Financial Burden of Breast Cancer Hits Minorities HarderLast Updated: April 03, 2014. Racial and ethnic minority patients seem to be more vulnerable to breast cancer-related privations and financial decline, according to a study published online March 24 in the Journal of Clinical Oncology.
THURSDAY, April 3, 2014 (HealthDay News) -- Racial and ethnic minority patients seem to be more vulnerable to breast cancer-related privations and financial decline, according to a study published online March 24 in the Journal of Clinical Oncology.
Reshma Jagsi, M.D., from the University of Michigan in Ann Arbor, and colleagues examined the financial experiences of a racially and ethnically diverse cohort of women diagnosed with nonmetastatic breast cancer from 2005 to 2007. Surveys were conducted about nine months after diagnosis and four years later among 1,502 women.
The researchers found that the median out-of-pocket expenses were ≤$2,000, with 17 percent reporting spending >$5,000. At four years after diagnosis, 12 percent of respondents reported medical debt, with significant variation by race: 9 percent for whites; 15 percent for blacks; 17 percent for English-speaking Latinas; and 10 percent for Spanish-speaking Latinas (P = 0.03). One-quarter of women experienced financial decline that was at least partly due to breast cancer, with increased odds of decline for Spanish-speaking Latinas versus whites (odds ratio [OR], 2.76; P = 0.006). Eighteen percent of the sample reported at least one privation, with privation significantly more likely for blacks (OR, 2.6; P < 0.001) and English-speaking Latinas (OR, 2.2; P = 0.02) versus whites.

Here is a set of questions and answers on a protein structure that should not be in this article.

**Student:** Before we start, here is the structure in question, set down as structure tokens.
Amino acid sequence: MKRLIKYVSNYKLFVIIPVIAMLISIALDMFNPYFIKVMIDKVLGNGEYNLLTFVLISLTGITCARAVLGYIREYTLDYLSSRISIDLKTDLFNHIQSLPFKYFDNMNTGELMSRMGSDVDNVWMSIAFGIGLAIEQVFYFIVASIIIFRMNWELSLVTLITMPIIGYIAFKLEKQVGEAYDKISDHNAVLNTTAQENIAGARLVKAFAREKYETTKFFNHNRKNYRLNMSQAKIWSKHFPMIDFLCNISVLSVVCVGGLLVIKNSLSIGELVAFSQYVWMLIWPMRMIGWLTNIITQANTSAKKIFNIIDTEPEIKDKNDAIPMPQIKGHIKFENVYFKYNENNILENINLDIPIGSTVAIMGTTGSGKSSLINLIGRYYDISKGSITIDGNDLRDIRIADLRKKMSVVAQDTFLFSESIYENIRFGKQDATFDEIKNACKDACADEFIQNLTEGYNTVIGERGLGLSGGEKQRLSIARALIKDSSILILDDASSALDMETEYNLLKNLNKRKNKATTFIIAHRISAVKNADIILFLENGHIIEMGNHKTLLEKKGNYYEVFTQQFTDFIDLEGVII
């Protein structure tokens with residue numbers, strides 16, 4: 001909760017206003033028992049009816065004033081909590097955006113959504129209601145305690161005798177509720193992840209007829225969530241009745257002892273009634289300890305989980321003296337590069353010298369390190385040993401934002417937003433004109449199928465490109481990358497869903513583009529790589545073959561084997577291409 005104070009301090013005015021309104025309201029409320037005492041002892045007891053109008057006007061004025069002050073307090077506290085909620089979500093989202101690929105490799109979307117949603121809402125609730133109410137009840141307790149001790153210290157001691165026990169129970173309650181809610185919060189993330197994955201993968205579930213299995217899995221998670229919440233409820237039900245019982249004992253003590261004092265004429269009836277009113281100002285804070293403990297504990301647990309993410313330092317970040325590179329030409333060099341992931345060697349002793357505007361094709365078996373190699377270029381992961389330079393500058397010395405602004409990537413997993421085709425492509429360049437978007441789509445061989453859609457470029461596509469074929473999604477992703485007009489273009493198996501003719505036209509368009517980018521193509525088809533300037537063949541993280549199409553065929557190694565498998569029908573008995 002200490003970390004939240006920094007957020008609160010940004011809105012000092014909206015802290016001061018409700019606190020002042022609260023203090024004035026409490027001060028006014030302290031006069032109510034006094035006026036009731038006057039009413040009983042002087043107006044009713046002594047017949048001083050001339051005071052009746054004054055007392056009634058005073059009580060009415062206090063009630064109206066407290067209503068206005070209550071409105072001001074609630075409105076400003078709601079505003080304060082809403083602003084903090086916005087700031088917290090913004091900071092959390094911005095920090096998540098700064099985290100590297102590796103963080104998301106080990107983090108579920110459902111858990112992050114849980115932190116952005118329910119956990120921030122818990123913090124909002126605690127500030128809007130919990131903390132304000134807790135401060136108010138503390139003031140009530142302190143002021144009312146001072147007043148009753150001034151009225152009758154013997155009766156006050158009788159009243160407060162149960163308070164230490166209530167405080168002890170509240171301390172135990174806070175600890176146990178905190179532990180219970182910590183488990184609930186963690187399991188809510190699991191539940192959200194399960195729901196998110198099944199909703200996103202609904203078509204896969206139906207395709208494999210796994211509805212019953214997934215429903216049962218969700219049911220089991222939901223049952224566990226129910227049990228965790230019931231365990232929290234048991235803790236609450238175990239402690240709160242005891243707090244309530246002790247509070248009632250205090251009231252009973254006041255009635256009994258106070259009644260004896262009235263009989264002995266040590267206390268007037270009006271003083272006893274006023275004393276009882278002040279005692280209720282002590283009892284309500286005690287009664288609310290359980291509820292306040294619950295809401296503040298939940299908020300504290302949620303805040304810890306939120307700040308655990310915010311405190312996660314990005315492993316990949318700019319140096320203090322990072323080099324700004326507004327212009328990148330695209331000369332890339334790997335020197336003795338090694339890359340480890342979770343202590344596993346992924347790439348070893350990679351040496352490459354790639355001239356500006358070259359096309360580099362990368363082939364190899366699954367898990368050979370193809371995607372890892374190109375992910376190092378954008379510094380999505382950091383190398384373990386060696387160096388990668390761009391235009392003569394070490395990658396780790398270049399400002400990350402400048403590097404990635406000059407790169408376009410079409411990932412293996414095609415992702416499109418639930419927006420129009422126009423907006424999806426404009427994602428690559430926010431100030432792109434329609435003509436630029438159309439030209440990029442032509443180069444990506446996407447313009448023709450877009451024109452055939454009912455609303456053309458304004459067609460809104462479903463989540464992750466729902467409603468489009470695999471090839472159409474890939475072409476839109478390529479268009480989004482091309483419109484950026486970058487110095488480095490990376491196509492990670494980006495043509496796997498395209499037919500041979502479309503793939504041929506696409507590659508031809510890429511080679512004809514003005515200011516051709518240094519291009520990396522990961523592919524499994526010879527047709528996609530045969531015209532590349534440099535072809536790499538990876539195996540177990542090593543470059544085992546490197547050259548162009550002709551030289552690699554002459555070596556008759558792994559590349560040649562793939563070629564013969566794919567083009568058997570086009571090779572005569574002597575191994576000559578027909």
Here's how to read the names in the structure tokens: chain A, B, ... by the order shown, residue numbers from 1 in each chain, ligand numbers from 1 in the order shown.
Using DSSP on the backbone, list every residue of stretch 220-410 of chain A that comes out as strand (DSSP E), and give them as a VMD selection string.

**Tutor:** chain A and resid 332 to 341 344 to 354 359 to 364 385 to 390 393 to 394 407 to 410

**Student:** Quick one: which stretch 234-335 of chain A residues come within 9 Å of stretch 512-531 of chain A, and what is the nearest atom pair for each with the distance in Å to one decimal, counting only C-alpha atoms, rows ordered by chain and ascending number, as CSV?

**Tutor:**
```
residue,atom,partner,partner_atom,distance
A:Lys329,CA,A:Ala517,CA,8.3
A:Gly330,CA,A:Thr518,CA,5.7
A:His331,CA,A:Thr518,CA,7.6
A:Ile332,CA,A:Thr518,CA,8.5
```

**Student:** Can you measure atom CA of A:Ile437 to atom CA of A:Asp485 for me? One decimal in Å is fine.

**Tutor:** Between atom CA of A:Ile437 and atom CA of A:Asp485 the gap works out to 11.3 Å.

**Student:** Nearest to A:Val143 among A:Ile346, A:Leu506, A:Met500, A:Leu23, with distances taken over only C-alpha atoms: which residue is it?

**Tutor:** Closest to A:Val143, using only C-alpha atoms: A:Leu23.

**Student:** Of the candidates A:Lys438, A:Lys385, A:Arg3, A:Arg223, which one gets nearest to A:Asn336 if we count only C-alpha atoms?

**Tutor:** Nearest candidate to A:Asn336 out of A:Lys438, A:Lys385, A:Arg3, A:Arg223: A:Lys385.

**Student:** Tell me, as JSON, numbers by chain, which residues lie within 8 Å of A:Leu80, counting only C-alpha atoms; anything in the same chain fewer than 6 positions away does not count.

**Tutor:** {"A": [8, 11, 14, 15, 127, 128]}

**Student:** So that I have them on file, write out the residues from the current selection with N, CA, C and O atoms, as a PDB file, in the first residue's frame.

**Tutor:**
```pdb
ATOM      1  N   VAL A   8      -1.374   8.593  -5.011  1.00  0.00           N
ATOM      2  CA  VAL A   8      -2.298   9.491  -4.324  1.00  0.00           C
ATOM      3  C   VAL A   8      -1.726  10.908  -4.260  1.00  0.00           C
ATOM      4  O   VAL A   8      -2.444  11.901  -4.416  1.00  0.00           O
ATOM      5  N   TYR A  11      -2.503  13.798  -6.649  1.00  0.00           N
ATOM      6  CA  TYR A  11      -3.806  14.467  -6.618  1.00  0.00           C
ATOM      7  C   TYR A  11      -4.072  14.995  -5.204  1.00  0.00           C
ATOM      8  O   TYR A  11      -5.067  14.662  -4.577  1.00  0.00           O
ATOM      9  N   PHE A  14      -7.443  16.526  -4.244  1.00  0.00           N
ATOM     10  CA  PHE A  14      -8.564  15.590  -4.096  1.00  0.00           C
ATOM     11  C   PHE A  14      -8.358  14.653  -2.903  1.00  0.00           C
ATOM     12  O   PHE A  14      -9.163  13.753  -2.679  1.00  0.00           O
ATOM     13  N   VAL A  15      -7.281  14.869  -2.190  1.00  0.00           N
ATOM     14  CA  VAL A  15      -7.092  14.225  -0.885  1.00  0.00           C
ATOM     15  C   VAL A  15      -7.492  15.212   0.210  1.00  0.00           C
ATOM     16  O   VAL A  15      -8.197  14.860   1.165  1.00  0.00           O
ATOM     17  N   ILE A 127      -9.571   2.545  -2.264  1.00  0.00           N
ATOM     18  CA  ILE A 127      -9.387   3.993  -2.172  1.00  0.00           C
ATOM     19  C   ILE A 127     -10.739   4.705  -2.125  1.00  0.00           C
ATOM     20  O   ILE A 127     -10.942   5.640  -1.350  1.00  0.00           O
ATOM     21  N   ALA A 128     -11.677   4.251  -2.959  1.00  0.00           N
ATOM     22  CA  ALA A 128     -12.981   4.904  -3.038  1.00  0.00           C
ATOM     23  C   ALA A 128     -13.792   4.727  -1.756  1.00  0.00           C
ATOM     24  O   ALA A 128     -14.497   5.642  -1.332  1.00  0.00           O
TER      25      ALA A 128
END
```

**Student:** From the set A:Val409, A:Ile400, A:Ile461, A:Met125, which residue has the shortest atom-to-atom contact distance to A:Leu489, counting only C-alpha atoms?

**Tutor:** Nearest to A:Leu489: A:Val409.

"Racial and ethnic minority patients appear most vulnerable to privations and financial decline attributable to breast cancer, even after adjustment for income, education, and employment," the authors write.
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